Worth a Thousand Words: Turning your dial  to manual

Having a primary background in sports photography, along with dabbling in wildlife photos, I tend to have a thing against seeing posed photos, especially at general events I cover.

This seems pretty logical. After all, you can’t exactly stop a football player as he’s dashing towards the end zone and ask him to tilt his head in a certain direction or hold the ball a different way. 

The same thing goes with wildlife. While you can try to will an animal to change positions or look a different direction, doing so out loud will generally just scare them off.

Given that perspective, I generally approach other events the same way. I want to capture people doing things naturally. And to me, that isn’t “Look at the camera.”

Now, that’s not to say I completely shy away from some shots where it is obvious the subject is aware of my taking their photo. I call these “spontaneous poses.” It’s those magical times when there are no words spoken between the photographer and the subject. For example, a couple years ago I was covering a ’70s-themed dance when one of the participants noticed me pointing my lens her way and proceeded to flash a peace sign my direction. It was the perfect shot that just wouldn’t have looked the same if I had actually asked her to do it.

There are some events, however, that do warrant posed shots. We are in the middle of one such occasion – prom season. With the guidance of a skilled photographer, posed prom shots are golden. Even though they are looking straight at the camera, the best of these shots still convey the fun-filled mood of the event and the excitement of the participants.

With that being said, there is one prom pose that I absolutely cringe at, and I swear I will never publish as long as I am in charge. That pose is the “Charlie’s Angels” pose.

Nevermind that it has become one of the most overused poses any time three or more girls get together. What gets me more is that they are doing it wrong. Any fan of the original show knows that the shot this pose is based off of has the three “Angels” doing different things. One is holding a gun, one is doing a karate chop and one is talking into a walkie talkie. But somehow, that shot got morphed into all three (or more) posers turning their hands into a “gun.”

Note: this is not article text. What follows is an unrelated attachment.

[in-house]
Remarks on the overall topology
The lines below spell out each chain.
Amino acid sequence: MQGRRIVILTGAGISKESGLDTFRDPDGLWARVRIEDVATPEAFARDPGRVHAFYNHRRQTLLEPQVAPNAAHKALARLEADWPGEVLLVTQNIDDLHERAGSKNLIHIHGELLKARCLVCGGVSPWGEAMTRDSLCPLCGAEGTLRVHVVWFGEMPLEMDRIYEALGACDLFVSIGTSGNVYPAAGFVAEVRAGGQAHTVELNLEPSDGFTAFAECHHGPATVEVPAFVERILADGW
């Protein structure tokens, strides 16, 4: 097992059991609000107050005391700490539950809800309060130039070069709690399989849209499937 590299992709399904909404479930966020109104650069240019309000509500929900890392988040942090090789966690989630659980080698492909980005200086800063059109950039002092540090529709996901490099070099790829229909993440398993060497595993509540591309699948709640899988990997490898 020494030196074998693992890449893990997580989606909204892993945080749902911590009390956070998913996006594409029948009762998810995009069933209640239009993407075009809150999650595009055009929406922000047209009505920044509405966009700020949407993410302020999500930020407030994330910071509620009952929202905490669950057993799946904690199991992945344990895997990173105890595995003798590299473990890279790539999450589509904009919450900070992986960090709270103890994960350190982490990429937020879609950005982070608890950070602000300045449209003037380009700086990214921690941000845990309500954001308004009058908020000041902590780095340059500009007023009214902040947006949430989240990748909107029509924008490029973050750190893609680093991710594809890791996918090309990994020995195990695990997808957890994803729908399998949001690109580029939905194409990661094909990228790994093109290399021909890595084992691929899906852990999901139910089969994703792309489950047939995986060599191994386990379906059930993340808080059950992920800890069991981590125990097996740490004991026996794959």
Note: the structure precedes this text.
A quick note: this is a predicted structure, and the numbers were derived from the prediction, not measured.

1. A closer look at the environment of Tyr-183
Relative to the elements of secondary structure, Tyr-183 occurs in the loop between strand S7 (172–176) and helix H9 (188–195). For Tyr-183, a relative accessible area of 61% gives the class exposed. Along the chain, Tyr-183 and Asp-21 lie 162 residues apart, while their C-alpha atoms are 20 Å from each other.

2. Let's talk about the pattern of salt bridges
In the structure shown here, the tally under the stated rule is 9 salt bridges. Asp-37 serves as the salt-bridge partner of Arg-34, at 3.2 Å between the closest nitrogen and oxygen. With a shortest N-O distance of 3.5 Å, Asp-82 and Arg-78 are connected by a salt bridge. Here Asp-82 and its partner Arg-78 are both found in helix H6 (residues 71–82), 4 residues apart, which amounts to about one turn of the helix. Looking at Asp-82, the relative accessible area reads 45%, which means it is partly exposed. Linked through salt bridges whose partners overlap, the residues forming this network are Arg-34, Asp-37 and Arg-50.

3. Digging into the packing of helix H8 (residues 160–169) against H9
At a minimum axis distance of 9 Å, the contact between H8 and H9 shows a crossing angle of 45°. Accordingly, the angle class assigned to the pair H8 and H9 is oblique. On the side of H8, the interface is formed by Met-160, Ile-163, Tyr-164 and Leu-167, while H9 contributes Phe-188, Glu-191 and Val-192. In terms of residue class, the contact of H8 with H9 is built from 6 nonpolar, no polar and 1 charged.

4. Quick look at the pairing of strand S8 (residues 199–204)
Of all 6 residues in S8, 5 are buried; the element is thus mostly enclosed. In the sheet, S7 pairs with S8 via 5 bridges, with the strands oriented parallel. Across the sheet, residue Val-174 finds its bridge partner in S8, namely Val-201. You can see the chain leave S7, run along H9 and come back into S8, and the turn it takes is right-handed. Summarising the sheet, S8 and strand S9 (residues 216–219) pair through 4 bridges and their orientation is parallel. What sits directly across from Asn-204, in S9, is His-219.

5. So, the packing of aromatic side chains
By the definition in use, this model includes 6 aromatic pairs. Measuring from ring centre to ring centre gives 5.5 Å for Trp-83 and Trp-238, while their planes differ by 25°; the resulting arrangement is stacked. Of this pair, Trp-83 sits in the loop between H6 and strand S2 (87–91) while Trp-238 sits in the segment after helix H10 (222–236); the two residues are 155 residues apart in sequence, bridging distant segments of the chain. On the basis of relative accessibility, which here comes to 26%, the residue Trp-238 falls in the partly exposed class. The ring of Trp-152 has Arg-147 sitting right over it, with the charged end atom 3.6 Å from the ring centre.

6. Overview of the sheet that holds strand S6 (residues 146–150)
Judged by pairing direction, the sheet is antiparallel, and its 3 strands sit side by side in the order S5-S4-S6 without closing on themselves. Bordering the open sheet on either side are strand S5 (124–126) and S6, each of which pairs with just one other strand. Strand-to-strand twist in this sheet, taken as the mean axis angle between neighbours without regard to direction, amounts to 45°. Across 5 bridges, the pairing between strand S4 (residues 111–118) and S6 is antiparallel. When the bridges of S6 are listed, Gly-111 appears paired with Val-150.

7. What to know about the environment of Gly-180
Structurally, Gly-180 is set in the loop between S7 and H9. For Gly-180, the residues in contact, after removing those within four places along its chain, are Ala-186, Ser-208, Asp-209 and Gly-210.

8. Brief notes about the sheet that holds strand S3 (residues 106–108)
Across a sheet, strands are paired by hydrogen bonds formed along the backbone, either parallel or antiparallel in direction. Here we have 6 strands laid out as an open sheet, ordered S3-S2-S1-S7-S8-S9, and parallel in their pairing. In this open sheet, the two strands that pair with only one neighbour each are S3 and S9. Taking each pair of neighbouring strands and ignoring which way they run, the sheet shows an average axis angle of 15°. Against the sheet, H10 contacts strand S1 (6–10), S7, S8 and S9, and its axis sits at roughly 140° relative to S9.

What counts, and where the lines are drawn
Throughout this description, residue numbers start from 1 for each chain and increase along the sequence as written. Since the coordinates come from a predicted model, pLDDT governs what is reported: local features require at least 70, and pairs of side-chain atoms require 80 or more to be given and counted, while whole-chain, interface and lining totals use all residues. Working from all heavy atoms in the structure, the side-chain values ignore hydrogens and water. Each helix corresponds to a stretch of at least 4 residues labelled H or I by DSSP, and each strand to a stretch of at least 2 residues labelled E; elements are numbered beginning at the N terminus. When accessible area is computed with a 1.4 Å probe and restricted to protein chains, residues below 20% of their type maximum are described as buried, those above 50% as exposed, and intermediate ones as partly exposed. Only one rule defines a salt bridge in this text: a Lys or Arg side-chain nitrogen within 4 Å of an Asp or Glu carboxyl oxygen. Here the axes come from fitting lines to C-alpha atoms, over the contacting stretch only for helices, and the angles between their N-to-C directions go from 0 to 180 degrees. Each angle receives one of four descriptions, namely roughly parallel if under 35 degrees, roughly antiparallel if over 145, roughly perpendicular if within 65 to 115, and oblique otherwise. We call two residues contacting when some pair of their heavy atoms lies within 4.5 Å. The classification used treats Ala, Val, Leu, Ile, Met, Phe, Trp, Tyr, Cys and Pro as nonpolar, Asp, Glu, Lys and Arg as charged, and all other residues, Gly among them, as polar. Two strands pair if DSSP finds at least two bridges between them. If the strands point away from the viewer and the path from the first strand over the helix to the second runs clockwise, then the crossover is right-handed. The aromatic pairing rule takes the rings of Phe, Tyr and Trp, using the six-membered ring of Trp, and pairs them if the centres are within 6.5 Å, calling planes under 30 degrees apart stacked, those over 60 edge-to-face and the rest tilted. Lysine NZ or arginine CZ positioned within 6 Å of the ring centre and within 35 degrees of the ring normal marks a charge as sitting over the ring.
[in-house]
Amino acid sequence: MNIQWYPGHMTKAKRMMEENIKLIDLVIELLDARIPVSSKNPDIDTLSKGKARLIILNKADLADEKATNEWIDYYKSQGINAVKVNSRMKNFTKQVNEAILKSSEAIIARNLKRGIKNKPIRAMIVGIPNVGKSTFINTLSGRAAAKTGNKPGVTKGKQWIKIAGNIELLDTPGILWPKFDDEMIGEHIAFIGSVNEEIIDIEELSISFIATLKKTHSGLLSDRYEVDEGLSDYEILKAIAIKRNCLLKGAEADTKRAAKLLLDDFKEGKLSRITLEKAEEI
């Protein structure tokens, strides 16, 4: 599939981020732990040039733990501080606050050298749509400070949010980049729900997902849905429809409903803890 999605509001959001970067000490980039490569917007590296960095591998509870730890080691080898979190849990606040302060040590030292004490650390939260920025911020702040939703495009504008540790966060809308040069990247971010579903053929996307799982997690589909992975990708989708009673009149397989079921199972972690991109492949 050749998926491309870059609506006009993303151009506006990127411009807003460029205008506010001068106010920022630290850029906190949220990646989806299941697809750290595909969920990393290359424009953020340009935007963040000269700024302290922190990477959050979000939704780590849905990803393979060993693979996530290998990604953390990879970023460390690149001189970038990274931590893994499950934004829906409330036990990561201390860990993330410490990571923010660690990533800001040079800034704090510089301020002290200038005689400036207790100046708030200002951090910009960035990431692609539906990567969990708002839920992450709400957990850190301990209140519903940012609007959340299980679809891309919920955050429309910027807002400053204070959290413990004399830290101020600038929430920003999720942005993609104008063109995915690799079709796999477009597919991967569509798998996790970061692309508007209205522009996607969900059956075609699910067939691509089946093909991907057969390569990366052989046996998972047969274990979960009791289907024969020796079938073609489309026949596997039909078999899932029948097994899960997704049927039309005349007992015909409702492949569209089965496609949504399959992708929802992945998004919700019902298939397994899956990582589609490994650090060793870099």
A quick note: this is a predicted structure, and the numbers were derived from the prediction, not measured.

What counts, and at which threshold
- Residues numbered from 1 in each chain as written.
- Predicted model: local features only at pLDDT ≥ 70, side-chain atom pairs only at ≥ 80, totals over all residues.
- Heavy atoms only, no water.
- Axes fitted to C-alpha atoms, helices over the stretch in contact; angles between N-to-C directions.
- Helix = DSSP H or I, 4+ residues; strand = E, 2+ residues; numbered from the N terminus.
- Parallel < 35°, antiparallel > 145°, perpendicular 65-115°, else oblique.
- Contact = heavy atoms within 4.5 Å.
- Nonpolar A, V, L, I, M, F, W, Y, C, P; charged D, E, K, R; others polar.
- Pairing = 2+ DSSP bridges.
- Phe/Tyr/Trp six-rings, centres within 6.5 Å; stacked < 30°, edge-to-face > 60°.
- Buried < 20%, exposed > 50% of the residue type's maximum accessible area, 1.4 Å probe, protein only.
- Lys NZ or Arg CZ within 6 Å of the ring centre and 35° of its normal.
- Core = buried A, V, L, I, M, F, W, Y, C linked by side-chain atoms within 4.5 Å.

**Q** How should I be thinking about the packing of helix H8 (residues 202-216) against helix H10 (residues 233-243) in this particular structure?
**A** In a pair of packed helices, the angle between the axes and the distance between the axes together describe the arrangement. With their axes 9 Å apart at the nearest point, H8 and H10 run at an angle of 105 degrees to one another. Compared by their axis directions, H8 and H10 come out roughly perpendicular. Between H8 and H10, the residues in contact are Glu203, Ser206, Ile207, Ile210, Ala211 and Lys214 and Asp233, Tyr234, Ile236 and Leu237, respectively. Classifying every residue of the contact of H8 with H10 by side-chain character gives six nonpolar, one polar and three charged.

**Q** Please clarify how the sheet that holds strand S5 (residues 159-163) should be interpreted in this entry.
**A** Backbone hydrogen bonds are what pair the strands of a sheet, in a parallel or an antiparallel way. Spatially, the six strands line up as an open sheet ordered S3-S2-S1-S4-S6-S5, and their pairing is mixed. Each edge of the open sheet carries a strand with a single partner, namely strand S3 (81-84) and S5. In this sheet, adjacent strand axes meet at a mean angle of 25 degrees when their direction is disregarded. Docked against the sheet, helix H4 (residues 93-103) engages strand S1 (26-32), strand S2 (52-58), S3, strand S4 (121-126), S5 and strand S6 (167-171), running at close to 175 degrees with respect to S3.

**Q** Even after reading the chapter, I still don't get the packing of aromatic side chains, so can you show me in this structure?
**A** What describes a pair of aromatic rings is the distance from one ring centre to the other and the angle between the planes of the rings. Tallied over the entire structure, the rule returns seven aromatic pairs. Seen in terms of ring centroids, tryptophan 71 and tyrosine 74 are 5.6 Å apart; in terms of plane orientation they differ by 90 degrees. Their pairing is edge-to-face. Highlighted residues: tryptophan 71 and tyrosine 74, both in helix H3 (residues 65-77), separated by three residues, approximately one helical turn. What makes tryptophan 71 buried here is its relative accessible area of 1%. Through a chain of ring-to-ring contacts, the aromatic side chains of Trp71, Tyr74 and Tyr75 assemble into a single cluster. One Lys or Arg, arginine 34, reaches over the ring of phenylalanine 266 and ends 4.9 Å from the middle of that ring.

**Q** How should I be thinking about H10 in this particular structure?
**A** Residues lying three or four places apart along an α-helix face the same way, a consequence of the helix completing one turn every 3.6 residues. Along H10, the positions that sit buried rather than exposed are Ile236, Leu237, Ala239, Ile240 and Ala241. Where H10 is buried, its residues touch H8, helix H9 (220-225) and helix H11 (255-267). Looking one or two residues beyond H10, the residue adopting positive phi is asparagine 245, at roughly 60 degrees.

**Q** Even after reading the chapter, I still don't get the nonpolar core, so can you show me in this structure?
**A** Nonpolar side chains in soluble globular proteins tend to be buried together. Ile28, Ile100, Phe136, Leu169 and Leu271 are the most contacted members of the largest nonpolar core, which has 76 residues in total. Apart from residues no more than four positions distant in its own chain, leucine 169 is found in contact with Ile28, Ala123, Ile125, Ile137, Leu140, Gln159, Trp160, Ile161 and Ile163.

I think I know where the mistake originated. Another classic photo of the original three “Angels” does look similar to this, but in fact they have their hands together, as if they are praying (get it, angels praying. Not exactly a stroke of genius either, but it did become an iconic photo). I have a feeling it was actually that pose that people started mixing up with the opening theme shot.

Either way, it’s just one of those weird pet peeves of mine. So please, do me a favor, feel free to have fun posing for photos (especially if they’re being taken by one of my photographers), but resist the urge to clasp your fingers together and point in the air. 

Bill Stickels III is editor of the Isanti-Chisago County Star. He can be reached at 763-689-1181 ext. 107 or editor@countystar.com. 

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